Tuesday, 6 October 2015

The great fall of migrants on the Suffolk coast in September 1965; we were there

Male Bluethroat (Luscinia svecica)
photographed in Moscow
(from Wikipedia**)
Last month marked the 50th anniversary of a remarkable wildlife phenomenon on the Suffolk coast in the east of England. And we were there at the time.

As we approached the coast at Benacre on foot, we suddenly noticed that there were lots of birds around and that these birds were not the usual birds one might expect to see. In short, the shrubs and bushes were full of migrants and rare migrants at that. One bush had Bluethroats on nearly every branch and a Wryneck in the middle. There were Redstarts; Pied Flycatchers were abundant and a variety of small warblers skulked in the low shrubs and bushes. It was an amazing sight. Wherever we walked there were more and more birds.

A few days later when we returned they had all gone.

The ‘fall’ of migrants made the local weekly newspaper because Lowestoft, the town to the north, had been brought to a halt as exhausted migrants landed on buildings, roads and paths. in a post on Birdforum from 2008, a correspondent quoted from Birds and Weather: A Birdwatcher’s Guide by Stephen Moss (Hamlyn, 1995):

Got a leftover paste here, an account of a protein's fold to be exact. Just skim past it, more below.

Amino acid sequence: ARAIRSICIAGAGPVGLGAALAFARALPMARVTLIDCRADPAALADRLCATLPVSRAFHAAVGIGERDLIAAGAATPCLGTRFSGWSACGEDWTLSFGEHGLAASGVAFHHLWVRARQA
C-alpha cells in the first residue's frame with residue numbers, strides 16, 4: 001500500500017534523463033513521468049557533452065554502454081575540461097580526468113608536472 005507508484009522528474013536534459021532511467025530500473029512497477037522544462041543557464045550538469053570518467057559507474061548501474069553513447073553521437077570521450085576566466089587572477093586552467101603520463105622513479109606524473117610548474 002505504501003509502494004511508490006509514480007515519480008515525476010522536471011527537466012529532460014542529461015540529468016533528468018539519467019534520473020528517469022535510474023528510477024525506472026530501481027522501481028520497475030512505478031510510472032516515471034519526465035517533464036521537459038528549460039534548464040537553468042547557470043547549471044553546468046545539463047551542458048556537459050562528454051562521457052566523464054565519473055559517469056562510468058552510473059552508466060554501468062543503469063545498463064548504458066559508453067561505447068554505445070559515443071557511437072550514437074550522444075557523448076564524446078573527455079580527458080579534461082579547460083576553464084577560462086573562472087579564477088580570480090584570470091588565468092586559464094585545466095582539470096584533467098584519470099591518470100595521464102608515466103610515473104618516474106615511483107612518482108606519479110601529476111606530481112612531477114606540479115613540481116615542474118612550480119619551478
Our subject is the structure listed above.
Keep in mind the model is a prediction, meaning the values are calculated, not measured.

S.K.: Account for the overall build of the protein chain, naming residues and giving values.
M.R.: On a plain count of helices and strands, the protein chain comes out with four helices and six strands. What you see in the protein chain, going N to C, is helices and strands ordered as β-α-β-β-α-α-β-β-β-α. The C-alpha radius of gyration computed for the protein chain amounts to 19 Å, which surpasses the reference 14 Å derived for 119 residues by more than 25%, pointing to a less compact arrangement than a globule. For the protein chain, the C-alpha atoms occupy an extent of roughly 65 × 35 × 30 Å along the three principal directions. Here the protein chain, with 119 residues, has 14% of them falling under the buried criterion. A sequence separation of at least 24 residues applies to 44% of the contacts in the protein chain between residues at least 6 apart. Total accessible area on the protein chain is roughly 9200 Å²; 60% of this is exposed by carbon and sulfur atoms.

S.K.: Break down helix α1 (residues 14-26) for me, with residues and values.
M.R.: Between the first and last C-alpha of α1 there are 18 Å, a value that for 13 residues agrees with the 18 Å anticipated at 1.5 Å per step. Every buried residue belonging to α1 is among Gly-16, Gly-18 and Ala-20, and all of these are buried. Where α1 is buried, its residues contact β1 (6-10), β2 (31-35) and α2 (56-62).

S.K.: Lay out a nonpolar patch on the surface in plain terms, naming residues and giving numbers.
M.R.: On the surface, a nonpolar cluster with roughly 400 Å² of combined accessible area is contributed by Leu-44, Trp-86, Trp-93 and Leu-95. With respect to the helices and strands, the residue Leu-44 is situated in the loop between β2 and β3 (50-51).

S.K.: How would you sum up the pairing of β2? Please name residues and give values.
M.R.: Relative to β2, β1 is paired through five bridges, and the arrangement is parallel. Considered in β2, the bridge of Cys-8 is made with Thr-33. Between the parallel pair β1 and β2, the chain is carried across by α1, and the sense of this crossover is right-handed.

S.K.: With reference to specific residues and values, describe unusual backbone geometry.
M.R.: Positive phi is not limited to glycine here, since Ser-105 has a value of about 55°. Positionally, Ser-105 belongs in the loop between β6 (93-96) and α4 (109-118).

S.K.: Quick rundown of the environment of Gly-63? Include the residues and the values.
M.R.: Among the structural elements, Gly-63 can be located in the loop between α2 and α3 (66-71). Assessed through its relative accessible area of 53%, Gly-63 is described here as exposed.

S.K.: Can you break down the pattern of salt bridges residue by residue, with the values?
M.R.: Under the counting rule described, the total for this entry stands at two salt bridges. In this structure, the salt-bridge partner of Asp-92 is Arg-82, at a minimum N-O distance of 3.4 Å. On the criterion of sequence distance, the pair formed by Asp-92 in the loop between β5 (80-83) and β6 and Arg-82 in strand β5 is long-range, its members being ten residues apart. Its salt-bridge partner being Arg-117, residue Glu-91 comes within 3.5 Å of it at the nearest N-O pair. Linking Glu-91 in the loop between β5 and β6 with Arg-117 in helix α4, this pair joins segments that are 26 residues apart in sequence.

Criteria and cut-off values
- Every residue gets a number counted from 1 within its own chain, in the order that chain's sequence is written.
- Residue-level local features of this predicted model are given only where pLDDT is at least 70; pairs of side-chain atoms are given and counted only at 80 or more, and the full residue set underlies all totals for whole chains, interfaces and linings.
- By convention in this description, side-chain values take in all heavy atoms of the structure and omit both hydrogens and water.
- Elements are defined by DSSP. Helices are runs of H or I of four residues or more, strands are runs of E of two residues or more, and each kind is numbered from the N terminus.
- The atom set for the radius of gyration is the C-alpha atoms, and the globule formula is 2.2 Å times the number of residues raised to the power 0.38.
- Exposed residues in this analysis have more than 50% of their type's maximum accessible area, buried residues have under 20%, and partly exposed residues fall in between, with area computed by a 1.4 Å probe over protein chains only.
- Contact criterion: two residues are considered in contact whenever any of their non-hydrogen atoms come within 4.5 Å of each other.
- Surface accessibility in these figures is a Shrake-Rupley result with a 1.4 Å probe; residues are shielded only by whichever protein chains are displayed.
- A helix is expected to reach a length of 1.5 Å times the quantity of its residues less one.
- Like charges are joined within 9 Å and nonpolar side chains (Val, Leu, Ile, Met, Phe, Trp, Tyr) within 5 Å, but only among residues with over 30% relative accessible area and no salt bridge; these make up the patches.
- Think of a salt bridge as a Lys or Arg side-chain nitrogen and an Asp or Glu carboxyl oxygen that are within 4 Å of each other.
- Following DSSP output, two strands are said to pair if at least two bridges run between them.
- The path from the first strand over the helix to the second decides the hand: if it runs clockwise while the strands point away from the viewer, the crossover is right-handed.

At just after two o'clock in the afternoon of 3rd September 1965, the residents of Lowestoft looked up to see a vast cloud of small birds overhead. Birds were dropping out of the clouds like raindrops, and soon the town was alive with them, in gardens, on the beach, and even in the roads, where many fell victim to traffic. Two people, in different parts of the town, actually had Redstarts alighting on their shoulders from the sky.
     Tens of thousands of birds were involved. All along the Suffolk and Norfolk coasts, great flocks of Northern Wheatears and Whinchats, Redstarts and Pied Flycatchers, Garden and Willow Warblers were arriving exhausted from the North Sea, and landing anywhere they could find food and shelter.
     The following morning, one observer, David Pearson, walked along the coast south of Walberswick. Along a 3-km stretch, he logged a staggering total of 15,000 Redstarts, 8,000 Northern Wheatears, 3,000 Garden Warblers, 1,500 Whinchats, 1,500 Tree Pipits, and 1,000 Willow Warblers, along with smaller numbers of other migrants. Rarer migrants were seen in unprecedented numbers, too: Wrynecks and Bluethroats reached double figures in several places, with Icterine and Barred Warblers, Ortolan Buntings and Red-backed Shrikes also appearing.
     The species involved and the time of year, left the lucky observers in no doubt that they were witnessing a massive displacement of Scandinavian migrants which, heading south-south-west across the North Sea to the coasts of mainland Europe, had been diverted westwards to East Anglia by the adverse weather conditions.